@filter_definitions [
  literals: [:first_name],  
  smaller_than: [birthday_before: :birthday]

# Supports filters :first_name, :birthday_before, :order_by [first_name], :limit and :offset
def list_with_standard_filters(filters \\ %{}) do
  from(user in "users", as: :user)
  |> apply_filters(filters, fn
    filter, query -> standard_filters(query, filter, :user, @filter_definitions)

Note that the aim is not to emulate GraphQL in a REST API. It is not possible for the API client to specify which fields the API should return or how deep the nesting should be: it is still necessary to develop different REST resources for differently-shaped responses (for example, `/api/users` or `/api/users_with_groups` etc). In a REST API, simple filtering and sorting functionality can be supported, however, without going the full GraphQL route. We will not discuss the pro's and cons of GraphQL versus REST here, but we maintain that GraphQL is not a drop-in replacement for REST API's in every situation and there is still a place for (flexible) REST API's, for example when caching on anything other than the client itself is desired or when development simplicity trumps complete flexibility and the number of different clients is limited.

## HTTP request validation

By validating HTTP requests, unexpected errors can be prevented and useful feedback returned to the client. Additionally, invalid or dangerous input can be caught early. Note that the `PhoenixApiToolkit.Ecto.DynamicFilters.standard_filters/4` macro relies on atom keys in the filters. To prevent atom-creation leaks, input for such filters must be validated as well. Validating HTTP requests can be done simply by using `Ecto.Changeset`s. A generic request validator to use as a basis has been created in `PhoenixApiToolkit.GenericRequestValidator`. A detailed example can be seen in its hex doc.

## Security plugs 

Security is always a complex topic of seemingly infinite depth. In order to help developers to maintain proper standards and adapt good practices, the Open Web Application Security Project or OWASP provides guidelines and detailed advice on several aspects of security, from recommended token timeouts to HTTP request/response headers to database design best practices.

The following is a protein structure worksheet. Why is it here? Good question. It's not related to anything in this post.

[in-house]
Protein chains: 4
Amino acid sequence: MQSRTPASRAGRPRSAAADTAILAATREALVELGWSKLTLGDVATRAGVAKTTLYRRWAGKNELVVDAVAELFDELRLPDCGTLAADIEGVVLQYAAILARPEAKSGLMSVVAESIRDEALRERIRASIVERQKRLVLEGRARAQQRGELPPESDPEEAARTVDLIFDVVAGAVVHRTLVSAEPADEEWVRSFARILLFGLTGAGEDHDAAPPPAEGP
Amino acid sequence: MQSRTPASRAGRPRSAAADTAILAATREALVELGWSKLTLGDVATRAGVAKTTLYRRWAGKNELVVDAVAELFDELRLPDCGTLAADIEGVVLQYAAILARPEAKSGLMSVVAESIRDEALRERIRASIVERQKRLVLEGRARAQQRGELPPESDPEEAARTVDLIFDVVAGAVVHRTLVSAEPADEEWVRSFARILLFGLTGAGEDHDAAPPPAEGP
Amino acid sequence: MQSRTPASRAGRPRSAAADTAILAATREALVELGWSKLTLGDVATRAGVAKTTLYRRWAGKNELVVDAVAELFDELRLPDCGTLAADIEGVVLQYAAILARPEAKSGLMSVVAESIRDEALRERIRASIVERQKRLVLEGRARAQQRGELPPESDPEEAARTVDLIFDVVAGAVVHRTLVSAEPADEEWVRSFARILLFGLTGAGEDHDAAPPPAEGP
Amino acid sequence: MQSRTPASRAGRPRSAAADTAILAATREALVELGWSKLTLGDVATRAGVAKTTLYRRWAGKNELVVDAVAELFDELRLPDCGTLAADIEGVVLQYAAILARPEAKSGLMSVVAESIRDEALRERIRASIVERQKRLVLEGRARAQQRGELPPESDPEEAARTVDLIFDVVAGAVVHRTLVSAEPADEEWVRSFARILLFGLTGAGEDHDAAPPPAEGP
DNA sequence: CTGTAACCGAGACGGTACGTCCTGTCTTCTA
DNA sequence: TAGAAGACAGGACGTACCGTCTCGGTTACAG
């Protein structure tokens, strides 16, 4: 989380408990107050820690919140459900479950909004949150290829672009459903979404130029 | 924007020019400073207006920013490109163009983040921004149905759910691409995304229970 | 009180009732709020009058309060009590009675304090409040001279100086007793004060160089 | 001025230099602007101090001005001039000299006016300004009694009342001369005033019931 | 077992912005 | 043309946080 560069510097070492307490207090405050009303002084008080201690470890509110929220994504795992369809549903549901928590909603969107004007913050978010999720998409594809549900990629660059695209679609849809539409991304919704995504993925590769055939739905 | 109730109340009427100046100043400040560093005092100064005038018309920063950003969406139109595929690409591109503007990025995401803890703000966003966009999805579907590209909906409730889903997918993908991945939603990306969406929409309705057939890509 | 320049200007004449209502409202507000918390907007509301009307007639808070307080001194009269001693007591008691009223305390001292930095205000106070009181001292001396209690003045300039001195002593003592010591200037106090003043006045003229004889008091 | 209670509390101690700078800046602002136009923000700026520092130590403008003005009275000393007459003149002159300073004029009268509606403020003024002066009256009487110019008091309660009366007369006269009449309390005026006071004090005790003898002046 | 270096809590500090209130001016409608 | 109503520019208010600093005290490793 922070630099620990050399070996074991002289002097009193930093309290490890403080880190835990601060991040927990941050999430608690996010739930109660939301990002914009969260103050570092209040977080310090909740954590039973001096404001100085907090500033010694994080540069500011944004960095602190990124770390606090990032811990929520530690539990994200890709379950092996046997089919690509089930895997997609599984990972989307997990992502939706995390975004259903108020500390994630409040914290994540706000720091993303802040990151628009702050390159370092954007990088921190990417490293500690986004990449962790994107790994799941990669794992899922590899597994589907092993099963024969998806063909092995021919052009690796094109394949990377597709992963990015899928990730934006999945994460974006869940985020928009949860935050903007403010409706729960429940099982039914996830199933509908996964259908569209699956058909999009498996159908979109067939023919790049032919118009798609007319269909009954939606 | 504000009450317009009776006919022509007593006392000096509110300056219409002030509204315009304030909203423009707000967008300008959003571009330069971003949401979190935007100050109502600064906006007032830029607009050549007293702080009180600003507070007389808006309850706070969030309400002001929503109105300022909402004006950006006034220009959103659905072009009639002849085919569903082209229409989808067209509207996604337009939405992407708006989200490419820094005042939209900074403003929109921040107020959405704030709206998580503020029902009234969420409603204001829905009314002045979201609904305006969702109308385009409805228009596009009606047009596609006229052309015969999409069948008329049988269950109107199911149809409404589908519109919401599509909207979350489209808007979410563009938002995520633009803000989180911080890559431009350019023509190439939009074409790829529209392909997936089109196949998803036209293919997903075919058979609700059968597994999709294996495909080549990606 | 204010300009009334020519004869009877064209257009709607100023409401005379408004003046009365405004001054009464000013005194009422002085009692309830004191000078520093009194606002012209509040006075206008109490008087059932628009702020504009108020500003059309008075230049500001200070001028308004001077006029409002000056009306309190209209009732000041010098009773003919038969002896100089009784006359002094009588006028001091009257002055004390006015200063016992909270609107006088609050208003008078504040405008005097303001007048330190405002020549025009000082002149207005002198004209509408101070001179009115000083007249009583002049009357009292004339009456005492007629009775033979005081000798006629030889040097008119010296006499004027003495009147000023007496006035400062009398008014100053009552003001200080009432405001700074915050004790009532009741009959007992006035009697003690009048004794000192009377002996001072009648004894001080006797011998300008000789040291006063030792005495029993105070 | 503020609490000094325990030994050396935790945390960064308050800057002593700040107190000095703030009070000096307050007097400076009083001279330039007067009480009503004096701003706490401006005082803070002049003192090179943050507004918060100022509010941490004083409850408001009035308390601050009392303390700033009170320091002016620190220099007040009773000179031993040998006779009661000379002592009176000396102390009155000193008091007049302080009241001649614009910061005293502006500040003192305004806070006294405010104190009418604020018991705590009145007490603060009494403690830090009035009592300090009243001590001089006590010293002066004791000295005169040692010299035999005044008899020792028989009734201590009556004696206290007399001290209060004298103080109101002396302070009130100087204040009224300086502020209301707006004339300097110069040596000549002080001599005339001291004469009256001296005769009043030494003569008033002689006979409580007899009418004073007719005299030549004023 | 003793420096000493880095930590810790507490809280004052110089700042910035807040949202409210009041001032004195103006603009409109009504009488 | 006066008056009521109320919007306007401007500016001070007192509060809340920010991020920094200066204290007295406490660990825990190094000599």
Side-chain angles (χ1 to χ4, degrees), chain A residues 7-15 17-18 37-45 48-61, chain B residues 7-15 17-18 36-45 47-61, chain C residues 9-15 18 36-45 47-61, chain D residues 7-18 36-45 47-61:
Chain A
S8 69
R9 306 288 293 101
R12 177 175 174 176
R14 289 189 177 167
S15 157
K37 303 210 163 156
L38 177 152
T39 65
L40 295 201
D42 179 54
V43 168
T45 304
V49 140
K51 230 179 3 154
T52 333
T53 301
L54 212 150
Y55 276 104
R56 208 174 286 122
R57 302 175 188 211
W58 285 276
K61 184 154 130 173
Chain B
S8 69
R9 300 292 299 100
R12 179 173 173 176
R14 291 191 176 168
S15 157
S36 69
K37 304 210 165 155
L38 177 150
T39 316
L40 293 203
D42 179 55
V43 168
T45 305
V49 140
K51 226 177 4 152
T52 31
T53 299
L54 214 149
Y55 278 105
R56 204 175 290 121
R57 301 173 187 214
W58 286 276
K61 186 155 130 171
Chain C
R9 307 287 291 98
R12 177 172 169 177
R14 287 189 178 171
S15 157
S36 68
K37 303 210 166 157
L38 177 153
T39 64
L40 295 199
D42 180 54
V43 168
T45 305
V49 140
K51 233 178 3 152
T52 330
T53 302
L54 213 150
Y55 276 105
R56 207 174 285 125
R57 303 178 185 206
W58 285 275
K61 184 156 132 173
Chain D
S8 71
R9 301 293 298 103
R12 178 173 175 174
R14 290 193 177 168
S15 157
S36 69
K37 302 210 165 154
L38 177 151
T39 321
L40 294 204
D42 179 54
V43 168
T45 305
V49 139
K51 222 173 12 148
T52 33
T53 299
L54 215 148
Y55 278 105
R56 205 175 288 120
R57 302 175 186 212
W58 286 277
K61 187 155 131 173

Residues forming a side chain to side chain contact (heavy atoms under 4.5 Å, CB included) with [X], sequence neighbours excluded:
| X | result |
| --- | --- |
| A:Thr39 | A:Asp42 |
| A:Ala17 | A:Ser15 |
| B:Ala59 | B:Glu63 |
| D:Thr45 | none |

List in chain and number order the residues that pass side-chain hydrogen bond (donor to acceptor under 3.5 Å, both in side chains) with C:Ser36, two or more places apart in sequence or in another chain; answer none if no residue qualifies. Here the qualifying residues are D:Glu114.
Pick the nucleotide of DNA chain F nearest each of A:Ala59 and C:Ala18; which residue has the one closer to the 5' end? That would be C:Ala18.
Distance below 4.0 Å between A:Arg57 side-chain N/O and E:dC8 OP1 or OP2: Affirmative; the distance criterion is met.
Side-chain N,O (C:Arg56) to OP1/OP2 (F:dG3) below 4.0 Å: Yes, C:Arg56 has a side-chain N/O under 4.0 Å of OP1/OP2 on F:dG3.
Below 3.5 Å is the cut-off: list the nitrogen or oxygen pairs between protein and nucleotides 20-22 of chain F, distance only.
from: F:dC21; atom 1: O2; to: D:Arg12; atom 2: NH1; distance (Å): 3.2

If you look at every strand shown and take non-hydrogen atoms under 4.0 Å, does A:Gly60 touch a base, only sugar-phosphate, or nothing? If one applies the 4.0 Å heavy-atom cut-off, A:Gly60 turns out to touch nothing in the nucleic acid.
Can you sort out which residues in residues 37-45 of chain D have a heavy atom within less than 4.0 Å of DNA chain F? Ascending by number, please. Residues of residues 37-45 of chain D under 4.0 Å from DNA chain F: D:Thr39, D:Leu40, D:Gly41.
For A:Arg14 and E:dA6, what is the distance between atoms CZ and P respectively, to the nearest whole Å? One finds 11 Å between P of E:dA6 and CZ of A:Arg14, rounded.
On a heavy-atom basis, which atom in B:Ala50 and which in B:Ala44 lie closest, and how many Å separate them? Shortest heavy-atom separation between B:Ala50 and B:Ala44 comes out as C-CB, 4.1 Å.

There are guidelines for [REST API security](, and the security plugs in this library implement some of these guidelines. 

- The Oauth2 plug `PhoenixApiToolkit.Security.Oauth2Plug` can verify Oauth2 access / ID tokens, so that your API can use an external Oauth2/OpenID Connect provider for authentication / authorization (like Auth0 or Keycloak). Requires `:jose` dependency in your mix.exs file.
- The HMAC plug `PhoenixApiToolkit.Security.HmacPlug` can verify HMAC-signed requests, ensuring that the request body was sent by a known entity and was not tampered with on-route. Useful for (private) API-to-API communication. 
- The function plugs in `PhoenixApiToolkit.Security.Plugs` serve several purposes, like checking request headers, verifying additional JWT claims and setting default response headers. 

## Test helpers

The API toolkit provides several test helpers in `PhoenixApiToolkit.TestHelpers`. These are mainly meant to aid in writing integration tests in Phoenix, especially for endpoints secured using the Oauth2 plug or the HMAC plug. The test helpers can generate valid tokens for requests during testing. Some additional utility functions are included as well.

## Installation 

The package can be installed by adding `phoenix_api_toolkit` to your list of dependencies in `mix.exs`:

def deps do 
      {:phoenix_api_toolkit, "~> 0.4.1"} 

## Documentation 
Documentation is available on [HexDocs](